All consortium members share a set of load-balanced transaction nodes. These nodes are reachable from outside the virtual network so that applications can use these nodes to submit transactions or execute smart contracts within the blockchain networks. All nodes have the latest stable Go Ethereum (Geth) client software and are configured to maintain a complete copy of the distributed ledger. These nodes use the same Ethereum account, protected by the Ethereum account password provided.
We have explicitly separated the nodes that accept transactions from the nodes that mine transactions to ensure that the two actions are not competing for the same resources. We have also load-balanced the transaction nodes within an availability set to maintain high availability.
Besides the infrastructural footprint and configuration of nodes, the blockchain network itself is created. The genesis block is configured with the desired Ethereum network id, an appropriate mining difficulty, and a pre-configured account. The mining difficult varies depending on the number of mining nodes deployed to ensure mining time remains short even in the beginning. The pre-configured account contains 1 trillion Ether to seed the consortium network with enough gas (Ethereum’s fuel) to handle millions of transactions. Since the mining nodes use this account, their collected fees feed back into the account to ensure continual funds.
Once the deployment has completed successfully and all resources have been provisioned, you can go to the administrator page to get a simple view of your blockchain network.
The admin site URL is the DNS name of the load balancer; it is also the first output of the template deployment. To find the template output, select the resource group just deployed. Select the Overview tab, then Last Deployment.
Finally, select Microsoft.Template and look for the outputs section.
You can get a high level overview of the topology you just deployed by reviewing the Ethereum Node Status section. This section includes all node hostnames and the participant to which the node belongs. It also displays node connectivity with the peer count. Peer count is the minimum of the number of mining nodes in the network and twenty-five where twenty-five is the configured maximum peer count, as in the public Ethereum network. Note, that peer count does not restrict the number of nodes that can be deployed within the network. Occasionally, you will see peer count fluctuate and be less for certain nodes. This is not always a sign that the nodes are unhealthy, since forks in the ledger can cause minor changes in peer count. Finally, you can inspect the latest block seen by each node in the network to determine forks or lags in the system.
The node status is refreshed every 10 seconds. Reload the page via the browser or "Reload" button to update the view.
Create Ethereum Account
To create an additional account, you can use a variety of solutions. One such solution is MetaMask, a Chrome extension that provides an “identity vault” and connection to an Ethereum network, public, test or custom. MetaMask formulates a transaction to register the account in the network. This transaction, like any other transaction, will go to one of the transaction nodes, and eventually be mined into a block as illustrated below.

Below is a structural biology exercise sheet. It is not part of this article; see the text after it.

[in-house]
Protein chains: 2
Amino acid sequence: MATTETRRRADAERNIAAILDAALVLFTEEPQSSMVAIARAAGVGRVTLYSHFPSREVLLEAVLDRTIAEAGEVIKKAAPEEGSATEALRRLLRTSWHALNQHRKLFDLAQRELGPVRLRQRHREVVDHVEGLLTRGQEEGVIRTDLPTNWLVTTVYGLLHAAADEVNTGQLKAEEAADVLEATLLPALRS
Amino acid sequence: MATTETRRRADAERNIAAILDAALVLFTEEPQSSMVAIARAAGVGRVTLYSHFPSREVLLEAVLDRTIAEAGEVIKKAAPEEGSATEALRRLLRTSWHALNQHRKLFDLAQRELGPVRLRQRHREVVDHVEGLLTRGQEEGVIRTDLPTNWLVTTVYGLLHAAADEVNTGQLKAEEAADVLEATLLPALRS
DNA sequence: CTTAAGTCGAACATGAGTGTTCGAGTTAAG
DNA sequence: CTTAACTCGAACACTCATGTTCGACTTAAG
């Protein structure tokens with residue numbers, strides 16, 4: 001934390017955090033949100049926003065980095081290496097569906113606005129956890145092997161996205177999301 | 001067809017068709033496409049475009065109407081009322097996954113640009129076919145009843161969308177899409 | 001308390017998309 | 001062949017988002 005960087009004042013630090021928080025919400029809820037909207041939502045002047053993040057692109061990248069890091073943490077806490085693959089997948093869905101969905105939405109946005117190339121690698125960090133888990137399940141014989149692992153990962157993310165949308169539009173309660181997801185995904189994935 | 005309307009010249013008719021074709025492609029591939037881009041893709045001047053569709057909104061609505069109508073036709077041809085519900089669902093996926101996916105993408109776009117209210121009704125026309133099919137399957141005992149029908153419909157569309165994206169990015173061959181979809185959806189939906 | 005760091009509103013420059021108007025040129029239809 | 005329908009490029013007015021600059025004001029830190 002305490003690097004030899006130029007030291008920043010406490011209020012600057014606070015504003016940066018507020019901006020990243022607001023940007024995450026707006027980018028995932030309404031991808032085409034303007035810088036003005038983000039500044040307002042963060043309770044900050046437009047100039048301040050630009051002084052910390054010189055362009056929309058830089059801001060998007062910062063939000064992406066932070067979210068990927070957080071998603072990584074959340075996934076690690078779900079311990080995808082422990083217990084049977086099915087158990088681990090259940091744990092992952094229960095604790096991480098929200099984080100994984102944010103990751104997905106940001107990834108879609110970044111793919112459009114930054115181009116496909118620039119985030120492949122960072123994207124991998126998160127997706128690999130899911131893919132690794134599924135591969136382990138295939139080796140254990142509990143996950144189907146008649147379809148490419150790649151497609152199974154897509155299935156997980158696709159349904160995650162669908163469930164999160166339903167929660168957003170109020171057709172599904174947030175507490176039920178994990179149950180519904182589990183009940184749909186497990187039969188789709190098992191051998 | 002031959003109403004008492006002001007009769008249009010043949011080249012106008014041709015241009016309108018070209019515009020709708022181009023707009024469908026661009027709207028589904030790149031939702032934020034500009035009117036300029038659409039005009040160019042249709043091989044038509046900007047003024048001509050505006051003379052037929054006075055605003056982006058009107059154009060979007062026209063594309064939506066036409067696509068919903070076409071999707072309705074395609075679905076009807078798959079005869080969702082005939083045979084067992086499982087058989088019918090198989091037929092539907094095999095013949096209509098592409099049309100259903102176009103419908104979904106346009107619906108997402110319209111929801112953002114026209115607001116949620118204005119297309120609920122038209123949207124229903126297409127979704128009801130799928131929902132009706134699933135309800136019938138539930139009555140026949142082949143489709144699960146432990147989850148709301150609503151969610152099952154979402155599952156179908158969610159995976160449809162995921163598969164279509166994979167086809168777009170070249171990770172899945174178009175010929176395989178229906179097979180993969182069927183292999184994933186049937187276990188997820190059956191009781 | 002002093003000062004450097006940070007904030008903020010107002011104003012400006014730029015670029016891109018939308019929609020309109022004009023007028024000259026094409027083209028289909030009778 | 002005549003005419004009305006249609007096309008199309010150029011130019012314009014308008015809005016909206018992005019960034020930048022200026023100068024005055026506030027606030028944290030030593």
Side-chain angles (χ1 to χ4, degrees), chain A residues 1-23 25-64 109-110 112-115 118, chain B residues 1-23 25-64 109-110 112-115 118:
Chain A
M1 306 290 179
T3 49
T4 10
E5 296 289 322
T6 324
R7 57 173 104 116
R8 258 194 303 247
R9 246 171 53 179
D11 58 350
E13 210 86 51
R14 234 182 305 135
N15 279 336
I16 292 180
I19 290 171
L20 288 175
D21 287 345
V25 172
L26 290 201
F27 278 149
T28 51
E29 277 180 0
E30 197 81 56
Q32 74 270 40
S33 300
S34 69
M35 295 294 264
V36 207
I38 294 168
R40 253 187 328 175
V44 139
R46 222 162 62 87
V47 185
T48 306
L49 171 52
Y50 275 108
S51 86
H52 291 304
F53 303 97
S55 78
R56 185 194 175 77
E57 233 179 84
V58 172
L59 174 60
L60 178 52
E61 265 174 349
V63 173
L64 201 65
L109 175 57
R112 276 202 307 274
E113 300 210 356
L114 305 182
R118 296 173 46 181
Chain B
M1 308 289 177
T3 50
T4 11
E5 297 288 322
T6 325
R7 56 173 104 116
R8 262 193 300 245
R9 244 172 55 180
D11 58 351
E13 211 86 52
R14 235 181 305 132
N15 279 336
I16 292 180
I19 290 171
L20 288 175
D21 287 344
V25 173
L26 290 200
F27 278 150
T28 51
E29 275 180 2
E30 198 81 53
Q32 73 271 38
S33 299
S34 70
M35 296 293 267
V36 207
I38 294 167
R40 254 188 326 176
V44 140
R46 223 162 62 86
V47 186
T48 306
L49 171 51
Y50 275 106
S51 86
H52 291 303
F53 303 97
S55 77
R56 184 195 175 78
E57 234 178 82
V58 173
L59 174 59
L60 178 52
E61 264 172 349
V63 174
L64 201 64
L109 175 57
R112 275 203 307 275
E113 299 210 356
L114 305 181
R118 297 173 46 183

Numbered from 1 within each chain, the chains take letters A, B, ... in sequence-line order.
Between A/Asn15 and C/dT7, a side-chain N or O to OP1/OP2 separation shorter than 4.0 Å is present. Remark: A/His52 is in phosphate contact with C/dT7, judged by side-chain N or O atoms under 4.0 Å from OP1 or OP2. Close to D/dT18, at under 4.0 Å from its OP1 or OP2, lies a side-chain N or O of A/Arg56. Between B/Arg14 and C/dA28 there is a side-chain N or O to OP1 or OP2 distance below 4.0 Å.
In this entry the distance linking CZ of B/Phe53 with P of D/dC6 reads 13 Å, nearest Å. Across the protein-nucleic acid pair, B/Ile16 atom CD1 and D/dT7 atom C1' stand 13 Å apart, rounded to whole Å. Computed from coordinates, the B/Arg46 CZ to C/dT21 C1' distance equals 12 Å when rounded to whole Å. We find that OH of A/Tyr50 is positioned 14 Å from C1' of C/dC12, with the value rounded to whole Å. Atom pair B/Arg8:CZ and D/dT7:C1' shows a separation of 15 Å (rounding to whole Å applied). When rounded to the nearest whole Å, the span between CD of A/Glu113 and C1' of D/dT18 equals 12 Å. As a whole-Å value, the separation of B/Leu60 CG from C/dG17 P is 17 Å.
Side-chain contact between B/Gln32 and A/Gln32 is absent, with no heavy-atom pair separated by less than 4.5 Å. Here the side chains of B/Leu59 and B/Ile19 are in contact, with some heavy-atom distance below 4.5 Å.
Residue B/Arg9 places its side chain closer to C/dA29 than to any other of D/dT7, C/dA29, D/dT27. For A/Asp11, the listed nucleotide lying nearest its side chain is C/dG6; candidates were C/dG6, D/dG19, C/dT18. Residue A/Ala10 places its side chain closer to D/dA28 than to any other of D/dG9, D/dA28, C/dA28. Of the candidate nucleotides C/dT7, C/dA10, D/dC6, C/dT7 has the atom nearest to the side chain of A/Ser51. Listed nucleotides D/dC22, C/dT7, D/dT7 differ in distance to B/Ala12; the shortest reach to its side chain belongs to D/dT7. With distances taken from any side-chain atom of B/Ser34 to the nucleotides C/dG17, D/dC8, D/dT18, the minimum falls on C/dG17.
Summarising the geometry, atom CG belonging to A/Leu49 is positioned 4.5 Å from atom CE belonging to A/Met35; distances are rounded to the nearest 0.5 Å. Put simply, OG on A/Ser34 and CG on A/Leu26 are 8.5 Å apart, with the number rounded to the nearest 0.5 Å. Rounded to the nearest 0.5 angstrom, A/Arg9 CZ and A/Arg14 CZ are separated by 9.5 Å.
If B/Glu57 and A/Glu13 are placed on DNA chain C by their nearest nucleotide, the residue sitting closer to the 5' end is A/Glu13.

To install the extension in Chrome, go to Customize and control Google Chrome (Overflow button), More Tools, Extensions, Get More Extensions, and search for MetaMask.
Once installed, open MetaMask and create a new vault. By default, the vault will be connected to the Morden Test Network. You will need to change this to connect to the deployed private consortium network, specifically to the load balancer in front of the transaction nodes. From the template output, retrieve the exposed Ethereum RPC endpoint at port 8545, the second template output, and enter it in custom RPC as shown below.
By creating the vault, you create a wallet containing an account. To create additional accounts, select Switch Accounts and then the ‘+’ button as shown below.
Initiate Ether Allocation
Through the administrator page, you can formulate a transaction to transfer Ether from the pre-allocated account to another Ethereum account. This Ether transfer is a transaction that is sent to the transaction node and mined into a block as illustrated below.
Via the clipboard icon in the MetaMask wallet, copy the address of the Ethereum account to which you want to transfer ether and go back to the administrator page. Paste the copied account into the input field to transfer 1000 ether from the pre-allocated Ethereum account to your newly created account. Click submit and wait for the transaction to be mined into a block.
Once the transaction is committed into a mined block, the account balance in MetaMask for your account will reflect the transfer of 1000 Ether.
Transfer of Ether Between Accounts
At this point, you are ready to execute transactions within your private consortium network. The simplest transaction is to transfer Ether from one account to another. To formulate such a transaction, you can use MetaMask once again, transferring money from the first account used above to a second account.
From Wallet 1 in MetaMask, click on send. Copy the address of the second wallet created into Recipient Address input field and amount of Ether to transfer in the Amount input field. Click send and accept the transaction.
Once again, when the transaction is mined and committed into a block, the account balances will be reflected accordingly. Note, wallet 1’s balance is deducted a bit more than 15 Ether, since you had to pay a mining fee to process the transaction.
Smart Contract Guide
Once you have an Ethereum account set up with some Ether, you can try deploying and interacting with smart contracts on your private blockchain. For this, we'll be using the Browser Solidity project, which integrates with Metamask and allows you to write smart contracts directly in your browser. Navigate here, and in the upper left click "New File".